In my whole long working life I have never seen as much uncertainty among workers as I see today. At my company, except for the sales staff, who by necessity lead lives of self-delusion, everyone around me is fearful for their jobs. Also, we have half as many people doing five times as much work.

This may not have been the conscious goal of all employers, but it is the end result of the politics of division, the destruction of the labor movement, the redistribution of wealth, economic globalization and the dumbing down of our people. Most of us have now learned to keep our heads down and our mouths shut and take whatever pay our employer wants to give us, along with whatever ration of shit comes our way on the job.

I have found a few things to do at my workplace that seem to be the right combination of “have-to-be-done” and “kind-of-hard-to-do.” In exchange for doing those tasks (and not ever, ever demanding more money) I get to keep my job and my 1976-level salary.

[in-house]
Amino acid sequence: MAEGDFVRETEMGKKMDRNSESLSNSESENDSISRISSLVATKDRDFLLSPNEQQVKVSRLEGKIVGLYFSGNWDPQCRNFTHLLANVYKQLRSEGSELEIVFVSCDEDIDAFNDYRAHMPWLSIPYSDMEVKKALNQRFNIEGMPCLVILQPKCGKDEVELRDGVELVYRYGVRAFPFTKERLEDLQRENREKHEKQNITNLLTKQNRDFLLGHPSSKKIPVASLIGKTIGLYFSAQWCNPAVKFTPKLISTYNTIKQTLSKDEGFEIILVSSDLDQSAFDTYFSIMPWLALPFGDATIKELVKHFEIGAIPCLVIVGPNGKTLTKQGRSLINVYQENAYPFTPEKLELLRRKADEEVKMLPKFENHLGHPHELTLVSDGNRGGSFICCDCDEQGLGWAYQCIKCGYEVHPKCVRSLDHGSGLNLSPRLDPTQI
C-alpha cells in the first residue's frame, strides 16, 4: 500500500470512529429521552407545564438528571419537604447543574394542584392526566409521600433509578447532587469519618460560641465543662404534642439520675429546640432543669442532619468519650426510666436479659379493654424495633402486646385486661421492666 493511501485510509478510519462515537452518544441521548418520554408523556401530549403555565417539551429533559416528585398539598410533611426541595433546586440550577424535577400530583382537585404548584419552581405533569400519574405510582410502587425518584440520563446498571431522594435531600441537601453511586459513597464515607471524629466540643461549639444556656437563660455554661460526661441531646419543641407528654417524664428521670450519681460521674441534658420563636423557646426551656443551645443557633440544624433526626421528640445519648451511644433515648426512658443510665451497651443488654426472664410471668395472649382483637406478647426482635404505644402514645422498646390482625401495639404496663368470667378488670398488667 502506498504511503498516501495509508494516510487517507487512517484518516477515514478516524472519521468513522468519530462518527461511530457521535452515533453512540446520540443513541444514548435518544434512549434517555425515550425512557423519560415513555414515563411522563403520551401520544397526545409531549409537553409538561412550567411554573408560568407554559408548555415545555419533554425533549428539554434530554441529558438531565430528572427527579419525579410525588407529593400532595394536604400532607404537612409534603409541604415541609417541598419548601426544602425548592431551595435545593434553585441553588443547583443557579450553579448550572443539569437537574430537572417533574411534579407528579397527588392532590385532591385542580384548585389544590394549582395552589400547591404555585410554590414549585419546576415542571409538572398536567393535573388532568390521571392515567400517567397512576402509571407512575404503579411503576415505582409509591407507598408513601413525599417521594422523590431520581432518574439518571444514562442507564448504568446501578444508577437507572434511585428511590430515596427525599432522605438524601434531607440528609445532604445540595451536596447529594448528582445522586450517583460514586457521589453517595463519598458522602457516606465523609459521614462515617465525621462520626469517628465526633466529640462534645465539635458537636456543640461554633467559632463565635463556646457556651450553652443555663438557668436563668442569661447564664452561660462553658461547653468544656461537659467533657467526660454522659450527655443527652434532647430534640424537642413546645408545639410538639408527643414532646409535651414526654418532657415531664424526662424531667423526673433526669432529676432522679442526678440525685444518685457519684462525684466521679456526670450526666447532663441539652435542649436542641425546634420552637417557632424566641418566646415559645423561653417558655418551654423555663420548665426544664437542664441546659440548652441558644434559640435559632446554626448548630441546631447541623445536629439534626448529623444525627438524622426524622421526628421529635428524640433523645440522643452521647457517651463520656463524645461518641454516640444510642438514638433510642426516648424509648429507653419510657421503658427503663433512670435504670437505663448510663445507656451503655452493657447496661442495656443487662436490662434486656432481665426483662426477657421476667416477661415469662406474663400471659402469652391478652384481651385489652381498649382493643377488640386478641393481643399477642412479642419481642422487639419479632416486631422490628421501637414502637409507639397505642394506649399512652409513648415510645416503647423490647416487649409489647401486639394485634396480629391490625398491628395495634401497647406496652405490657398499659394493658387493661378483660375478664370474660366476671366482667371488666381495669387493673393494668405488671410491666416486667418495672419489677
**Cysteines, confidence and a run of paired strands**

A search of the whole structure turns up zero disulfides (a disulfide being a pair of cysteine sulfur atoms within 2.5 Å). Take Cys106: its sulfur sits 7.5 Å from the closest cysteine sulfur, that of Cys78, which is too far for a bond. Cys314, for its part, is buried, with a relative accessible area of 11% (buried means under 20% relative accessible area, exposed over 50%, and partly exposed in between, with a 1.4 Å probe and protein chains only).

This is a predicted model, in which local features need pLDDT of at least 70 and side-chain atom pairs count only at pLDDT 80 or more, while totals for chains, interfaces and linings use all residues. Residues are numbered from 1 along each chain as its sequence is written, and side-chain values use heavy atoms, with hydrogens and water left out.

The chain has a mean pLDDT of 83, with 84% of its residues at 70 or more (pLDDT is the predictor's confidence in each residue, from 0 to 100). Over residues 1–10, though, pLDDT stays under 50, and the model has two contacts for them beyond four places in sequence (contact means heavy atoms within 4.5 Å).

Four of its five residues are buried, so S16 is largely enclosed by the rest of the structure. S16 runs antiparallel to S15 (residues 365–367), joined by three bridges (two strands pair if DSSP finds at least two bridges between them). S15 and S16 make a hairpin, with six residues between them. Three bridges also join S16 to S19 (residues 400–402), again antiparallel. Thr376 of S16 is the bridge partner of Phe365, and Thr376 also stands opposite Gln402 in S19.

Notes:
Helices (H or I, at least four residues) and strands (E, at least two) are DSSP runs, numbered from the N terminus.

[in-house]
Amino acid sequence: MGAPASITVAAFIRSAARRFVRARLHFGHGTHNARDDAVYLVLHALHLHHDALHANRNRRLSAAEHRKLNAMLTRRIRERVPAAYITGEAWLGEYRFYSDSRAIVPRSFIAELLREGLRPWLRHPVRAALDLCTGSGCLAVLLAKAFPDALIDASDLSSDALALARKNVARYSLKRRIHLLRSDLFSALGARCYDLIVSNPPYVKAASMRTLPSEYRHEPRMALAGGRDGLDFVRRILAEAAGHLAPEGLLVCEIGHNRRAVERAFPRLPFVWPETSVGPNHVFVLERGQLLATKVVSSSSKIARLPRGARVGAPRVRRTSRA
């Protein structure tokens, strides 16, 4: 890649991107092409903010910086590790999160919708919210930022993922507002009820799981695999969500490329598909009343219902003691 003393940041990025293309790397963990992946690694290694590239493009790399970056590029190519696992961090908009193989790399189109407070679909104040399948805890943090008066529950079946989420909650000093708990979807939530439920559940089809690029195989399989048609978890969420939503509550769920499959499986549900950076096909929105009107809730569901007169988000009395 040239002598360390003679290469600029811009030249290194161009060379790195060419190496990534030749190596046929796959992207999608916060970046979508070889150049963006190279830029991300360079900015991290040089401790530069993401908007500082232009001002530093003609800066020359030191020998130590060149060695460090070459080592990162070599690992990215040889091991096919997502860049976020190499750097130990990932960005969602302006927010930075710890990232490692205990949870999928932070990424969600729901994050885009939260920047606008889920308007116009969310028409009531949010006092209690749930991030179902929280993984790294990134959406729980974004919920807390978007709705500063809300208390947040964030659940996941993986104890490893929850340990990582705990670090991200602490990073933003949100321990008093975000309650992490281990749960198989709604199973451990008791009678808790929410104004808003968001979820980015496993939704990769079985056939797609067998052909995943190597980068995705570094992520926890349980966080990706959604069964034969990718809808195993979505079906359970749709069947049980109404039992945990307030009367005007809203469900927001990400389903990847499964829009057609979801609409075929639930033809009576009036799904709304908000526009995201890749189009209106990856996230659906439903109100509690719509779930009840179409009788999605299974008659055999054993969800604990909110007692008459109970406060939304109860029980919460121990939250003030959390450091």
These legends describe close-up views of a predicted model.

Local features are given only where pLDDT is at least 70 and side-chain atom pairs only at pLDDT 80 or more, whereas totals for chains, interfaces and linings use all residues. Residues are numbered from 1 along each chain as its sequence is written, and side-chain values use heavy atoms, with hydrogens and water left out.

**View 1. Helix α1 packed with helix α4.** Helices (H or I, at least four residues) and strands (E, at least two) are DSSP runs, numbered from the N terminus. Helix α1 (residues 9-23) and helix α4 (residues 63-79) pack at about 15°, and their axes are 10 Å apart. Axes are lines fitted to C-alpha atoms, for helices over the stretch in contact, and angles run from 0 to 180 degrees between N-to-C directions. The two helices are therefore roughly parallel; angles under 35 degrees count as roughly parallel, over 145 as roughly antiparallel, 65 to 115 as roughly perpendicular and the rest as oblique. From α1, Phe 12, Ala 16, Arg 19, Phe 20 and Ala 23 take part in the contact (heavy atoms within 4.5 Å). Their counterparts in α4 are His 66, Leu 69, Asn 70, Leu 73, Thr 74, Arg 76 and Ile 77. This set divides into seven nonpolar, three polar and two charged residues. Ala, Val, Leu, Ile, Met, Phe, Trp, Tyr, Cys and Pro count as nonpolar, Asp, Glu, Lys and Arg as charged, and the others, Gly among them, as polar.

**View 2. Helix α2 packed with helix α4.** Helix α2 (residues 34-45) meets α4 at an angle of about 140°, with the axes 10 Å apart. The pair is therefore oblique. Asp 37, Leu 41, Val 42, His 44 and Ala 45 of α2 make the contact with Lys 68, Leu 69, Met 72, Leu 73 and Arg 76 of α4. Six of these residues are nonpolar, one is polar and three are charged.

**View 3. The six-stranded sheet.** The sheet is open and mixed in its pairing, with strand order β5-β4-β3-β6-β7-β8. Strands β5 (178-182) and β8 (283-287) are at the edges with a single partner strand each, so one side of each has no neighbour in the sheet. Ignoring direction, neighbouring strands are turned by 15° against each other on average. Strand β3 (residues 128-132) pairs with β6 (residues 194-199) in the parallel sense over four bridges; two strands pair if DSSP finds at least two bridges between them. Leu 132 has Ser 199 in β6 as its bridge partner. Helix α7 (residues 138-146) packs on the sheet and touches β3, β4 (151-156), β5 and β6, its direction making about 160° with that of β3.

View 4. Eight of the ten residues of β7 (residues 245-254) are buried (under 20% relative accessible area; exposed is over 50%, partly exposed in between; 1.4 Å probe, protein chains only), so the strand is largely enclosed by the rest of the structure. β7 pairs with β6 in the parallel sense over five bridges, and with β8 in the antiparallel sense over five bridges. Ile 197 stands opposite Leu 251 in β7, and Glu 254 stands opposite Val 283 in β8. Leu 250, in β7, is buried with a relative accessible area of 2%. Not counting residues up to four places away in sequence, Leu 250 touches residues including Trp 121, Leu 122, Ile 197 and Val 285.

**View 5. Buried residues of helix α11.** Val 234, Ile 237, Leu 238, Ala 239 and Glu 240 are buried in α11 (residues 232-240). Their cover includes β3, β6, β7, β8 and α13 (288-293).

I really think the American worker is demoralized. We have seen our homes taken away, our pensions converted to “retirement accounts” and then wiped out, our friends fired from their jobs, our loved ones get sick and sometimes die for lack of medical insurance and our so-called leaders either clueless or collaborating, while the richest people and corporations continue to get richer and call all the shots, both in business and in public policy.

If you came here to visit me from Mars, you’d think I have a stable, secure life. It may look that way, but I am very uncertain about the future, and that includes tomorrow morning.

So, if you’re a little spooked these days, or going through the motions in a state of shock, you’re not alone.

Mar 30 2012

Health Care Act on Trial

Larry Jones

I was not happy about the Affordable Care Act when it was finally passed in 2010, after nearly two years of wrangling in Congress.